But in the ideology of the bureaucracy the fetishism of the state is combined, at the same time, in a bizarre and significant manner with classical commodity fetishism, a characteristic of all commodity producing societies (partial or general). Marx demonstrated that commodity production only exists as a function of the private character of work, thus of private property (once again: partial or general). No, the stalinist and post-stalinist ideologues reply. The law of value rules in the USSR as a function of ‘objective necessity’: it’s an ‘objective law’.

Borrowing a formula, in any case shortened, from Engels, and refilling it with a content completely different from Engel’s, they add: liberty can only be the recognition of necessity. But with this formula, Engels was explicitly referring to the ‘law of nature’. For stalinist and post-stalinist ideologues the ‘law of value’ thus has the force of a ‘law of nature’, while for Marx and Engels the law was truly neither ‘natural’ nor eternal, but strictly linked to particular social conditions, limited in time, those precisely of societies in which producers work separately from one another because of private ownership, and don’t enter into mutual relations with each other except by the exchange of products from their private work.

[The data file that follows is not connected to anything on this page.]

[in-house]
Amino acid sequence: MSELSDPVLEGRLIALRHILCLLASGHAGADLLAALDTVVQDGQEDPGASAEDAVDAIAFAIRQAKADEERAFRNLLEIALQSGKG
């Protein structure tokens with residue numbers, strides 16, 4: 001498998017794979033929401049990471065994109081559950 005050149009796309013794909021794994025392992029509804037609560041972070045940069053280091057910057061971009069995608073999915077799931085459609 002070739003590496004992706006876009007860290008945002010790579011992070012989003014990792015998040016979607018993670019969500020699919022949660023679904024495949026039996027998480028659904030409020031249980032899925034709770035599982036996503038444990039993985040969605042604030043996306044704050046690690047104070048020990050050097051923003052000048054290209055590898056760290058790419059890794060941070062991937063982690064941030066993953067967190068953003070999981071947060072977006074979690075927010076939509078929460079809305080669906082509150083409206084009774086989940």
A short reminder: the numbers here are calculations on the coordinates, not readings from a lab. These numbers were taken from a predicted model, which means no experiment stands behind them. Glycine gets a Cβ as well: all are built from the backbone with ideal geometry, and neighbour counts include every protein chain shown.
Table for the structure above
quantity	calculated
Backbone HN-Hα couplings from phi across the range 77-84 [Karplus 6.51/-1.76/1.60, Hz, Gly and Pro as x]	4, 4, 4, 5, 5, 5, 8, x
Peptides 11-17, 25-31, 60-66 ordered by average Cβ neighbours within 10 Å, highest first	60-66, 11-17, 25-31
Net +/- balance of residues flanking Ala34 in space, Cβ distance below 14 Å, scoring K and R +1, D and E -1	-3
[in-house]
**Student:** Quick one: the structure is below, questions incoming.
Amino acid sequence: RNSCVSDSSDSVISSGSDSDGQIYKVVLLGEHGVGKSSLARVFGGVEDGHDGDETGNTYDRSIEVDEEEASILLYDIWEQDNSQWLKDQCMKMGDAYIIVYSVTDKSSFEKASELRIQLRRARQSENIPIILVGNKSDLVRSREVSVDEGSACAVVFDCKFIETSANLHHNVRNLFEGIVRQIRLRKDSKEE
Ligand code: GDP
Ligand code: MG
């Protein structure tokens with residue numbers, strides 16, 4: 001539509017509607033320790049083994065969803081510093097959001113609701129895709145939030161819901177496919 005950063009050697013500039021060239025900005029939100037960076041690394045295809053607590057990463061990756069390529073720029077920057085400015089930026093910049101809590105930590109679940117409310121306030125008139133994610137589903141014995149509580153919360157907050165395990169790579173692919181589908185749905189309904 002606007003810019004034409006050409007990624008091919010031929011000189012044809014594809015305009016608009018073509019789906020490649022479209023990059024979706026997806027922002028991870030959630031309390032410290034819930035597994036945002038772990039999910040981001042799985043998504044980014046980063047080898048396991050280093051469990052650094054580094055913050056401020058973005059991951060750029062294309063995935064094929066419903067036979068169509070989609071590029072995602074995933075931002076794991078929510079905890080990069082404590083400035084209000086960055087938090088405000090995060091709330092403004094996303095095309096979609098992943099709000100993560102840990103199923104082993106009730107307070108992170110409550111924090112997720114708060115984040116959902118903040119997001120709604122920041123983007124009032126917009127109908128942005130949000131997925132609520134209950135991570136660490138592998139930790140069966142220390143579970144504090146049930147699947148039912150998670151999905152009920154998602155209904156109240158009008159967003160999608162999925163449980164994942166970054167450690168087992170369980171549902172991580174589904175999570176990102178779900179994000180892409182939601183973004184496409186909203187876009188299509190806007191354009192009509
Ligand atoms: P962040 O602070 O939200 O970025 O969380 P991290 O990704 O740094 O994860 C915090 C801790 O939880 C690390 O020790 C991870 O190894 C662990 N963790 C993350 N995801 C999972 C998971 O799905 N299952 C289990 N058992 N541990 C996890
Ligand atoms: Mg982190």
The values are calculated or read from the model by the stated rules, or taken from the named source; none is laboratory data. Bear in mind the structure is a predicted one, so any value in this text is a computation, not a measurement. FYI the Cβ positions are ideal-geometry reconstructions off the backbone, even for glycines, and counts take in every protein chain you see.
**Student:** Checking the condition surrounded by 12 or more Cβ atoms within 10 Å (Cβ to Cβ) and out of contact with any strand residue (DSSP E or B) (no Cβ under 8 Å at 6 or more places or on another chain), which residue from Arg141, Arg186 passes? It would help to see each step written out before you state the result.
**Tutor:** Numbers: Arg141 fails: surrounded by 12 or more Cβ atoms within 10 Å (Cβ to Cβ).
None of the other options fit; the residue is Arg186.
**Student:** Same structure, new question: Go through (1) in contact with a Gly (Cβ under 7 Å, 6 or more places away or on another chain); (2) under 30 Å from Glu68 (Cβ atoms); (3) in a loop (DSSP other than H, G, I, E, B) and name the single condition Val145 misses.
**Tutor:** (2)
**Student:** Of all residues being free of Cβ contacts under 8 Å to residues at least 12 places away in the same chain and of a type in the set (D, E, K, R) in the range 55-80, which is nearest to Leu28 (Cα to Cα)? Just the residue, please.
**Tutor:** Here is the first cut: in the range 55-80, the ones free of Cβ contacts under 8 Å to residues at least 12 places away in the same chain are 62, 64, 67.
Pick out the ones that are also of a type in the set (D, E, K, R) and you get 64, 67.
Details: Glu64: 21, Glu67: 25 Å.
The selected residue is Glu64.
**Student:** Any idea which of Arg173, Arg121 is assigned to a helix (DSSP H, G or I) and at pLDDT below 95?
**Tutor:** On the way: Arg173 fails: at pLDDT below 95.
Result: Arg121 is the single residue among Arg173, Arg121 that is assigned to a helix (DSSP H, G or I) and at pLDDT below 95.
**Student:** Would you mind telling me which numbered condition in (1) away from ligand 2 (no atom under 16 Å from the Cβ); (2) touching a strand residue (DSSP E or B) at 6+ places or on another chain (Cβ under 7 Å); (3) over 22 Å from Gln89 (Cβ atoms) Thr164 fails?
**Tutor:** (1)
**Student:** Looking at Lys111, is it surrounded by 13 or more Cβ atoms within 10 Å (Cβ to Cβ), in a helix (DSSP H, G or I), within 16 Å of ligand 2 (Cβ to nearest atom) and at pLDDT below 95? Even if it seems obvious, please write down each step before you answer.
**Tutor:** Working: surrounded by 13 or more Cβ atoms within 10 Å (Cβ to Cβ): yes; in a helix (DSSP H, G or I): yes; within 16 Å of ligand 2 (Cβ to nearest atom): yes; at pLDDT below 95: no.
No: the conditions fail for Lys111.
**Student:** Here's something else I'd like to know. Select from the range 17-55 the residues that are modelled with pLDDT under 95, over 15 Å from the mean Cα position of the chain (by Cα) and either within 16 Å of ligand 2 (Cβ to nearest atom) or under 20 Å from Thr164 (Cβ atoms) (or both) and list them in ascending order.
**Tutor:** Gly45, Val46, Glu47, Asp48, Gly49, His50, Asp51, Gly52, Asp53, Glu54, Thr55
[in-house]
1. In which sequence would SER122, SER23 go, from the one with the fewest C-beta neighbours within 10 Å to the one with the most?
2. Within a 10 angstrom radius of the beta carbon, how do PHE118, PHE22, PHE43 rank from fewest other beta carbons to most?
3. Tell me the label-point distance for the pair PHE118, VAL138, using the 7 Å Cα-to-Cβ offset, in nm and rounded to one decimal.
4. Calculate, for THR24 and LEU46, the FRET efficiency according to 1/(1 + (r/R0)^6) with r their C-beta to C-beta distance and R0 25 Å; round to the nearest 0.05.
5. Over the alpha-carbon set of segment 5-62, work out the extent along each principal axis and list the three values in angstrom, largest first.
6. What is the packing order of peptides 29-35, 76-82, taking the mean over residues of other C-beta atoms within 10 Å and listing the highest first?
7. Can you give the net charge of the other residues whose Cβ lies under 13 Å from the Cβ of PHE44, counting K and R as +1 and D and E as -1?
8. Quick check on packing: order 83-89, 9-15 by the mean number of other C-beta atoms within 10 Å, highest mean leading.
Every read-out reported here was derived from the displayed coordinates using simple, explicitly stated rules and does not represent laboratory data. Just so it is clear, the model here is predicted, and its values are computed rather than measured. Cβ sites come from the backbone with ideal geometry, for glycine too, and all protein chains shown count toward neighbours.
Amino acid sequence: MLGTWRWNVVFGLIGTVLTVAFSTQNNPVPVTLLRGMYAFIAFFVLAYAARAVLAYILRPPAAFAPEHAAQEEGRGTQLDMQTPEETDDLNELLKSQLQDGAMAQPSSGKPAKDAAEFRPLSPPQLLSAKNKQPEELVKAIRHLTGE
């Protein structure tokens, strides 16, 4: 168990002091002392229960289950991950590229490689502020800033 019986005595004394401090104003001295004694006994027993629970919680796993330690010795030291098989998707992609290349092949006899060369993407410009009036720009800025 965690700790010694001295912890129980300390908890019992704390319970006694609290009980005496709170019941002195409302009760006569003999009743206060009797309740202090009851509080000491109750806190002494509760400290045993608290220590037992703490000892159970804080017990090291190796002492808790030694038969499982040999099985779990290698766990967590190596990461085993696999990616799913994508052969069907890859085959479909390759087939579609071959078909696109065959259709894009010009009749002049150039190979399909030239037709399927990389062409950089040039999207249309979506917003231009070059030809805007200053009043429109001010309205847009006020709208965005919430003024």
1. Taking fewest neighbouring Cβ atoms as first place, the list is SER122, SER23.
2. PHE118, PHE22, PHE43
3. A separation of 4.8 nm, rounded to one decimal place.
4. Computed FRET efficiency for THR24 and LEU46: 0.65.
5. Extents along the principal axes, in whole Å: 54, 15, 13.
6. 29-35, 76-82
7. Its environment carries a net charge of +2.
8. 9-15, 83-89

The hybrid combination of the fetishisation of the state and the fetishisation of commodities in the ideology of the bureaucracy, takes in its turn the specific form of justification of its own role and of the function of the bureaucracy in itself. The bureaucracy ‘uses’ (the young Marx said: petrifies) the ‘objective laws’ to direct the economy. The despotic state manipulates ‘the law of value’, that’s to say it violates it at every step. But at the same time bureaucratic planning has to bend before ‘the material interests’ of the producers (in fact that of the bureaucrats), and cannot base itself on the priority realisation of democratic needs defined by the workers in terms of ‘use values’, because ‘the law of value prohibits it’. It will reign, then, despite the sovereignty of the state. Sometimes the arbitrary nature of bureaucratic management is legitimated by this, sometimes it is its wasteful disfunctionality, which will be in fact independent of the will and the action of the bureaucracy.